“I was over at Genesis’s place,” she said. “Didn’t get home until midnight.”
“Nice,” Leigh said. “So I take it everything was okay with her, then?”
“Yeah,” Angela said. “I mean, no, her grandfather died. But I helped her through it and she’s doing better now.”
“Oh,” Leigh said. “I… guess I’m not so good at giving advice after all. Heh. Sorry.”
“It all worked out in the end,” she said. “We, uh, finally said ‘I love you’.”
“Wow,” Leigh said. “Well done.”
She nudged Angela in the elbow as they stepped into the food court. Angela glanced around for a free table.
“This way,” Leigh said.
She led Angela through the crowd to a table already set up with a chess board. A middle-aged woman with blond hair tied back in a ponytail sat in front of the board.
“Angela, this is my aunt, Judith,” Leigh said.
Angela took a deep breath and looked into Judith’s eyes. The memories came in fragments; a lifetime immersed in chess, from high school clubs to college tournaments to championships across Europe. Punctuating these events were images from Leigh’s childhood and adolescence.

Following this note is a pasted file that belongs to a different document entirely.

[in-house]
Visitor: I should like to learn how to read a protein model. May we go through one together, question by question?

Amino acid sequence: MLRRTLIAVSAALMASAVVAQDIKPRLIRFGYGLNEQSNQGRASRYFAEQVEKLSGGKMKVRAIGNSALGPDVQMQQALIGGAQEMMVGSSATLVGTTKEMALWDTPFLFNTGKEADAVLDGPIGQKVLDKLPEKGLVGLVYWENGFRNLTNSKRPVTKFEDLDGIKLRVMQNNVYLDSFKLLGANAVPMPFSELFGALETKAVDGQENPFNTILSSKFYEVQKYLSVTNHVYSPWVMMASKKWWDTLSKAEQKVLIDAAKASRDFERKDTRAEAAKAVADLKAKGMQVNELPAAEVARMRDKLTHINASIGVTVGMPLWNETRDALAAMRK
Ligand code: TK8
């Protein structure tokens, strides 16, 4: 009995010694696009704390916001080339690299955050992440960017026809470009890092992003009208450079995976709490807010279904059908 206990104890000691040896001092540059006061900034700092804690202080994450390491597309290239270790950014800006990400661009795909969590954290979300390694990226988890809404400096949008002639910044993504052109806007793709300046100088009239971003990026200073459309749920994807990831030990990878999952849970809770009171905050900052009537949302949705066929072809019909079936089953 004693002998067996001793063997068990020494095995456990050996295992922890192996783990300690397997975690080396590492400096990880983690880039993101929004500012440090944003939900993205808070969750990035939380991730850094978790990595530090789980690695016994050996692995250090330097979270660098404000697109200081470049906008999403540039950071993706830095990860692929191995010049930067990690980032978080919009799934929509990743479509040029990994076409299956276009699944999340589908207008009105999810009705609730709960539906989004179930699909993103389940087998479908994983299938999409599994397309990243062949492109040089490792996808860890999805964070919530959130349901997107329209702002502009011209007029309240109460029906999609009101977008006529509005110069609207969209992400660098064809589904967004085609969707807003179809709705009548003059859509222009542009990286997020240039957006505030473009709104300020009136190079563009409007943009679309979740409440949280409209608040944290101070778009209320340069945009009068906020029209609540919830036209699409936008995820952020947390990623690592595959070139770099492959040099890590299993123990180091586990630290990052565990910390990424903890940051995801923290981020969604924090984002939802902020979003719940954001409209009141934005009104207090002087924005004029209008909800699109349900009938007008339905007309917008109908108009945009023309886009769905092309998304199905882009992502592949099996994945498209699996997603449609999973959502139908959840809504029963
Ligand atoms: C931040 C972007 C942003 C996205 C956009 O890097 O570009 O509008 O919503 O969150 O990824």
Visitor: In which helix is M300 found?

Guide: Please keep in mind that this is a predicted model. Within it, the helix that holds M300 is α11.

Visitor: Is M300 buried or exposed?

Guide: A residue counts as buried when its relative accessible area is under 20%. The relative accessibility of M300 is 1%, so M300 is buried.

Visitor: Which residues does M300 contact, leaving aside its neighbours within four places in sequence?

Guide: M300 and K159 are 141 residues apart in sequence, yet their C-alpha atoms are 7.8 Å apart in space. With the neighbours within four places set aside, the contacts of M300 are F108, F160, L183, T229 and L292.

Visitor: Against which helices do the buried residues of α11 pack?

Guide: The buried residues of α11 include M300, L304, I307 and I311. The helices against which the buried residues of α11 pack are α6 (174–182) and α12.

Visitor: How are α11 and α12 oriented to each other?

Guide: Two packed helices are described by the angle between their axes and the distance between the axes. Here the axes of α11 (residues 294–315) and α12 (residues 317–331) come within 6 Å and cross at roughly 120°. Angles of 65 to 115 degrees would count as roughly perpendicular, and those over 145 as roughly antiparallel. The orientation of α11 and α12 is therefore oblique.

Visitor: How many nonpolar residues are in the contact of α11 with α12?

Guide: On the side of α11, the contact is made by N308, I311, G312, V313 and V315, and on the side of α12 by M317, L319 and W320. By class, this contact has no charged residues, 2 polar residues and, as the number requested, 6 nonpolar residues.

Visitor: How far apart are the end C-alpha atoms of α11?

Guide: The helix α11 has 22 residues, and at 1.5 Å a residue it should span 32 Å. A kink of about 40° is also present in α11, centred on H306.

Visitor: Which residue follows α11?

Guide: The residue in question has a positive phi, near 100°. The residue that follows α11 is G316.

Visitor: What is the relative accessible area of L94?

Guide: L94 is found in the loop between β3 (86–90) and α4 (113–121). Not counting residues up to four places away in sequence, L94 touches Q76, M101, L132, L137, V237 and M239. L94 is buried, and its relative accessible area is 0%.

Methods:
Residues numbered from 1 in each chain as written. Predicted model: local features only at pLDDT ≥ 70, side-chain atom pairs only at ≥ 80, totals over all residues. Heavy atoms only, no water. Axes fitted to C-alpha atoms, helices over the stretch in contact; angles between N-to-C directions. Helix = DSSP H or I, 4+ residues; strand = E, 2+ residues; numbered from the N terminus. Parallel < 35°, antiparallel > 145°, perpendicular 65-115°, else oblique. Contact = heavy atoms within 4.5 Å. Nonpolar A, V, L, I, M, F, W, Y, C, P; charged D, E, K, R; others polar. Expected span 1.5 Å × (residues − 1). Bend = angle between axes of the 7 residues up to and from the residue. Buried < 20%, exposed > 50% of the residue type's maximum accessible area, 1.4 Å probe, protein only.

“So you’re the chess prodigy Leigh’s been telling me about?” Judith said.
“Well, not exactly,” Angela said, glancing at Leigh. “I just have this ability….”
“Hey, now, don’t spoil the surprise,” Leigh said. “I’ve been looking forward to this for months.”
Angela rolled her eyes and took a seat opposite Judith. Leigh pulled up a chair between them. The chess board was stainless steel, the pieces shaped like medieval knights.
“I’m sorry about my niece,” Judith said. “She tends to get overly excited, especially when competition is involved.”
“I learned from the best,” Leigh replied.